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What would be my vocal fach, If I decided to sing classical music ?

Hi, I'm O'Bryan and I just recently signed up on this forum !

The reason, I created this topic is that I'd like to know where my voice sits in classical music fach ?

My vocal range is : G2-B6 (I believe somewhere around that note, but I can surey get to the 6th octave), my passaggio is about A4. Now, I do assume that vocal range is not a proper way to determine fach, so I'll give you information about my timbre !

I would describe my timbre as boyish, but to be honnest, I know my voice type (Tenor) because my former singing teacher told me that I was a Tenor.
Plus a friend of mine, told me that my voice was bright ! So the question is actually, what kind of tenor am I ?

Now, I made some research about having a " boyish tone " and everything, and they talk about a fach called " leggerio " but I'm not sure ! When I sing into the 4th octave (C4-B4), my voice get instantly " boyish ", I'm not talking about nasal but " boyish tone " !

Anyway, I'd like to know if other people got this " boyish tone " too in the high note ? or If there's some tenor that could help me with it ?



Comments

  • 23 Comments sorted by Votes Date Added
  • highmtnhighmtn Posts: 10,404Administrator, Moderator, Enrolled, Pro
    edited May 26 Vote Up1Vote Down
    Your fach is determined more by where your secondo passaggio is than your lowest or highest notes. At A4, that's for sure a tenor passaggio.

    Keeping the tone light and bright is key to singing higher, and tenors tend to get the high parts when there are groups of singers being divided up. You can google vocal fachs and get the "exact" classification for a male that transitions at A4. That's going to put you in the box that's labelled Leggiero Tenor. That classificaton is less important than what you can do with the range and tessitura that you have.

    Ken teaches his students to sing in "little boy voice" after they have warmed-up their upper register. That's mostly a placement where you drop a lot of the husky, girthy "chest weight" tone off of the voice and shave it down so you can keep going up in pitch.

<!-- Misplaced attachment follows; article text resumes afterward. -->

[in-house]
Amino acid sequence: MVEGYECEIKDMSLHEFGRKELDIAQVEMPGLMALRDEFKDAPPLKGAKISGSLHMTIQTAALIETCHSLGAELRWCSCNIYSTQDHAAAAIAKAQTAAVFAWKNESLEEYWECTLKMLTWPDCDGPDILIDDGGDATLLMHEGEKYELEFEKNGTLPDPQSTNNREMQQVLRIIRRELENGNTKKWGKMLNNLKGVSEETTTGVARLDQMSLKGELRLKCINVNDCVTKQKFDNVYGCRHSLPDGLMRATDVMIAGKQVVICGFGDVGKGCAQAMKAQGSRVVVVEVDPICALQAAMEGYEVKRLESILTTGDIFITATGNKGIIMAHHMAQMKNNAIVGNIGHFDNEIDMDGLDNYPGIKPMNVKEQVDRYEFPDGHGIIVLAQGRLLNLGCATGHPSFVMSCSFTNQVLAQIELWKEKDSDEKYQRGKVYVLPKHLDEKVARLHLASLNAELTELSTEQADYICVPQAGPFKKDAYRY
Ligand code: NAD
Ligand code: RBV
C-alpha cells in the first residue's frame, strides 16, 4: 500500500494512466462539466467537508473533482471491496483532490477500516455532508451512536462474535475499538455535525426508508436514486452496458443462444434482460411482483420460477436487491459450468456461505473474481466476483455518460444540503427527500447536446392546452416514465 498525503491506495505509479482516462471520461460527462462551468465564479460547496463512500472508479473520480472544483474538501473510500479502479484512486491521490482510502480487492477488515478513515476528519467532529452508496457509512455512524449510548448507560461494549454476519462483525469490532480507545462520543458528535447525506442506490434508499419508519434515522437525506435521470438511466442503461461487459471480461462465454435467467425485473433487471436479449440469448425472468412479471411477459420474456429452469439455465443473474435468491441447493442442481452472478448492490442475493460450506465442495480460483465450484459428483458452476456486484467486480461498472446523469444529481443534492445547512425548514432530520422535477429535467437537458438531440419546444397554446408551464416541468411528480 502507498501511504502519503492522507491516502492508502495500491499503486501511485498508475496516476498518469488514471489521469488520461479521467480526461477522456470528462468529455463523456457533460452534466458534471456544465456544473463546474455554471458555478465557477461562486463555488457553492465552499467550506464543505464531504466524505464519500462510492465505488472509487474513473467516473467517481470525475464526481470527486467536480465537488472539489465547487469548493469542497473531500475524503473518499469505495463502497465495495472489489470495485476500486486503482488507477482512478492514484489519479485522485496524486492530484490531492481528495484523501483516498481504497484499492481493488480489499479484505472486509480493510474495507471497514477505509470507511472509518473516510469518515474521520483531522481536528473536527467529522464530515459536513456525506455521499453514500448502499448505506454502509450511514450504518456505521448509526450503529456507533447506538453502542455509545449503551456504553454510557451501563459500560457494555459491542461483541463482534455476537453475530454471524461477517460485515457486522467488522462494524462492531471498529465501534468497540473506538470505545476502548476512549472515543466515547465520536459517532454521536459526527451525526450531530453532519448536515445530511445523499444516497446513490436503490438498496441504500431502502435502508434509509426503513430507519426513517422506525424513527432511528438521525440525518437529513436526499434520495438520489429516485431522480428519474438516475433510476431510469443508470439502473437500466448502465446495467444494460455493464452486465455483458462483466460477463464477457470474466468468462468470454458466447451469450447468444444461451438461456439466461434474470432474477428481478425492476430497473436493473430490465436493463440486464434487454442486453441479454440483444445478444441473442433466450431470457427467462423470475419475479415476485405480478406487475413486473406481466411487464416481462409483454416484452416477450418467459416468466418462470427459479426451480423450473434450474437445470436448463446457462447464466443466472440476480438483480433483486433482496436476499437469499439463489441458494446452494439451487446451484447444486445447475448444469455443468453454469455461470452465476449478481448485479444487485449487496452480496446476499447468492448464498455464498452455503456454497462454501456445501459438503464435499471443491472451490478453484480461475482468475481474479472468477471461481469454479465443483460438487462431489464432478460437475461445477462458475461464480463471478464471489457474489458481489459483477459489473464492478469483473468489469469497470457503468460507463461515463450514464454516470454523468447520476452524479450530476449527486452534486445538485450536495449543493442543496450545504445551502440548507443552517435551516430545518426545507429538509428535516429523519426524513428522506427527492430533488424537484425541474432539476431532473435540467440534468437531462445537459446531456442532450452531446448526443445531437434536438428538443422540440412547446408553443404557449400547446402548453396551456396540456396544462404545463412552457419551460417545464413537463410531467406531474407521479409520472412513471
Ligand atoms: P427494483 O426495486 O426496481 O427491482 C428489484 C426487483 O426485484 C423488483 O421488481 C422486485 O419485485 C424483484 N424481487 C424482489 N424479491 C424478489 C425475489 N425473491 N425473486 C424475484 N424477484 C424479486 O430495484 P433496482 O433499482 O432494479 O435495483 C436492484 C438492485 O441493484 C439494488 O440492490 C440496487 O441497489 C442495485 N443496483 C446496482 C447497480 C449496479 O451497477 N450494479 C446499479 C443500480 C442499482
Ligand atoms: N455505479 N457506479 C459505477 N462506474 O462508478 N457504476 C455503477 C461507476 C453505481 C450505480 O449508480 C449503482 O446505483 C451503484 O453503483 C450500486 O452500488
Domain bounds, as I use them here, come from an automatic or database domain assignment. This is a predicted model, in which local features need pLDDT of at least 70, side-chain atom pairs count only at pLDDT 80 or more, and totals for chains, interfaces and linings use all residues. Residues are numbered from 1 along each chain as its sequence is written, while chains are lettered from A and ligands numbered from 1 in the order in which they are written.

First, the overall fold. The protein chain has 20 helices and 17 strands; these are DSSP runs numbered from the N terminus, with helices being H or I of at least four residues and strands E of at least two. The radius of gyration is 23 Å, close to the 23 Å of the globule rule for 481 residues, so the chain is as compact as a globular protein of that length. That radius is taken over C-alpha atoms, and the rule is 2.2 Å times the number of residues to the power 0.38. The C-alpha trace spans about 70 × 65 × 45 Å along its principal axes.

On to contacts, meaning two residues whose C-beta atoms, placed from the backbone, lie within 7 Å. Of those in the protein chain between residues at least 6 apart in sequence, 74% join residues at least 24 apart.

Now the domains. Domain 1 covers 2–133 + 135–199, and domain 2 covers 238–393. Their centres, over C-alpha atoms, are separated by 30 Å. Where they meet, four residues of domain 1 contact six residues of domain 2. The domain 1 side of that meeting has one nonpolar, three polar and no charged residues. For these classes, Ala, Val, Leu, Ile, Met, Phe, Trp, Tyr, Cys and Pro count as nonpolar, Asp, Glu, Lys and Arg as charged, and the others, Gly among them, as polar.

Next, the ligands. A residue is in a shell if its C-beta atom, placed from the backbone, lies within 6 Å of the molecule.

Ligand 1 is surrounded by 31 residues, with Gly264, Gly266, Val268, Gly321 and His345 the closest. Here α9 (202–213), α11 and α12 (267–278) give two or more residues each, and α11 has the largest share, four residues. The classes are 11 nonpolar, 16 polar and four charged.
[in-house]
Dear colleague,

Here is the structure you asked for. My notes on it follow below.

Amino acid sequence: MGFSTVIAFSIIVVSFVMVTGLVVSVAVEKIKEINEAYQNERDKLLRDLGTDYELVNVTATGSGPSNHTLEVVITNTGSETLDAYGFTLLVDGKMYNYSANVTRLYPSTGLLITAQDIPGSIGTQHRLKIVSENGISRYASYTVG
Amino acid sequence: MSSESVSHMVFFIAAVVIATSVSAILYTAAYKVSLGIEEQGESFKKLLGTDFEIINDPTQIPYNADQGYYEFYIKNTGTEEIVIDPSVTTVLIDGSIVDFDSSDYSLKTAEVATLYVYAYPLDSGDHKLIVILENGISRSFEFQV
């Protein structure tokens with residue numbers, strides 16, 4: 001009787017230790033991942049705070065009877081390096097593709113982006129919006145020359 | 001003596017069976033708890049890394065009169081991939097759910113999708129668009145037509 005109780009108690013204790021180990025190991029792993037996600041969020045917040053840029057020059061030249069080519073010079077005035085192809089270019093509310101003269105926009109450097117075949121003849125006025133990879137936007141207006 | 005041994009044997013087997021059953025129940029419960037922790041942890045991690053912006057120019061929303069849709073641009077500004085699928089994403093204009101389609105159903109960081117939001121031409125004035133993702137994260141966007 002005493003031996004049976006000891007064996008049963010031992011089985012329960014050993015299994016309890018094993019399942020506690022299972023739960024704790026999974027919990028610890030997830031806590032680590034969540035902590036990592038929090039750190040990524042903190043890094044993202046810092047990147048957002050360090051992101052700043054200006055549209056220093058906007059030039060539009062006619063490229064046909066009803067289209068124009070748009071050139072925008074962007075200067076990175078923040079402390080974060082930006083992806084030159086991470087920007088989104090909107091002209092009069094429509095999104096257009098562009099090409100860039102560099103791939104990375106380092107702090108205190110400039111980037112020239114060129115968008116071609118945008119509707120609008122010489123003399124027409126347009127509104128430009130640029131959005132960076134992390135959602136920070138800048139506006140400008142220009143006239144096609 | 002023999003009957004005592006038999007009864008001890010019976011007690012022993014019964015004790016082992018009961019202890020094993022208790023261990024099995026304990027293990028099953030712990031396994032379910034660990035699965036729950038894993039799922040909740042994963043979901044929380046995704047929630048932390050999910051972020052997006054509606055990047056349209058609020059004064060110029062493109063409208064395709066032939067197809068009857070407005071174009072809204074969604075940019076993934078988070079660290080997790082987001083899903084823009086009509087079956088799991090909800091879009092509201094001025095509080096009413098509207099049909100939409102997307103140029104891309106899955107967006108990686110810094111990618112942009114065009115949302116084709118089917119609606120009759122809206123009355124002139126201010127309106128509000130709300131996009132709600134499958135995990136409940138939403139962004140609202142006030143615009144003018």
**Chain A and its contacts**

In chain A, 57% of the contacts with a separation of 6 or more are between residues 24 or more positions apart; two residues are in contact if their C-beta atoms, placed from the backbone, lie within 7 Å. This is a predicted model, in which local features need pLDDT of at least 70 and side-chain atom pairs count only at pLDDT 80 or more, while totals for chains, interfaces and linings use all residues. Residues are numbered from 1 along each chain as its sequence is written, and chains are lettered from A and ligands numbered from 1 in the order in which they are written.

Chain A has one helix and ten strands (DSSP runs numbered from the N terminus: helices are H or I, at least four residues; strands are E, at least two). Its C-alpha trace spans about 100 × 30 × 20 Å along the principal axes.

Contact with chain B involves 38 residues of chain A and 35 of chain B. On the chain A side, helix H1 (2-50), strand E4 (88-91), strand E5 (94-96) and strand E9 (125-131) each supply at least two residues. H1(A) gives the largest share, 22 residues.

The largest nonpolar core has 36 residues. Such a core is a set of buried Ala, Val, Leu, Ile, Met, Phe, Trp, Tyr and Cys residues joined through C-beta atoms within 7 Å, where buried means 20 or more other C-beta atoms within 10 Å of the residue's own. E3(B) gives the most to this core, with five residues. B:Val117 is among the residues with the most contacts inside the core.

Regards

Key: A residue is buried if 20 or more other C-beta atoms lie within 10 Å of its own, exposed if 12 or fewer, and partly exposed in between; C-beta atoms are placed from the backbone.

Just listen to Michael Jackson when he would go up high. That's the kind of tenor tone you need for upper register gymnastics of the pop and rock variety. That's classic "little boy voice".

    Bob
  • I read that " spinto " is in italian and it means " pushed " so I would he's a spinto tenor because he's clearly pushing his chest voice up
  • Here it goes.I agree it doesn`t matter much though.

    Voice Type primo passaggio secondo passaggio
    tenorino F4 Bb4
    tenore leggiero E4 (Eb4) A4 (Ab4)
    tenore lirico D4 G4
    tenore spinto D4 (C#4) G (F#4)
    tenore robusto (tenore drammatico) C4 (C#4) F4 (F#4)
    baritono lirico B3 E4
    baritono drammatico Bb3 Eb4
    basso cantante A3 D4
    basso profondo Ab3 (G3) Db4 (C4)
  • highmtn said:

    Your fach is determined more by where your secondo passaggio is than your lowest or highest notes. At A4, that's for sure a tenor passaggio.

    Keeping the tone light and bright is key to singing higher, and tenors tend to get the high parts when there are groups of singers being divided up. You can google vocal fachs and get the "exact" classification for a male that transitions at A4. That's going to put you in the box that's labelled Leggiero Tenor. That classificaton is less important than what you can do with the range and tessitura that you have.

    Ken teaches his students to sing in "little boy voice" after they have warmed-up their upper register. That's mostly a placement where you drop a lot of the husky, girthy "chest weight" tone off of the voice and shave it down so you can keep going up in pitch.

    Just listen to Michael Jackson when he would go up high. That's the kind of tenor tone you need for upper register gymnastics of the pop and rock variety. That's classic "little boy voice".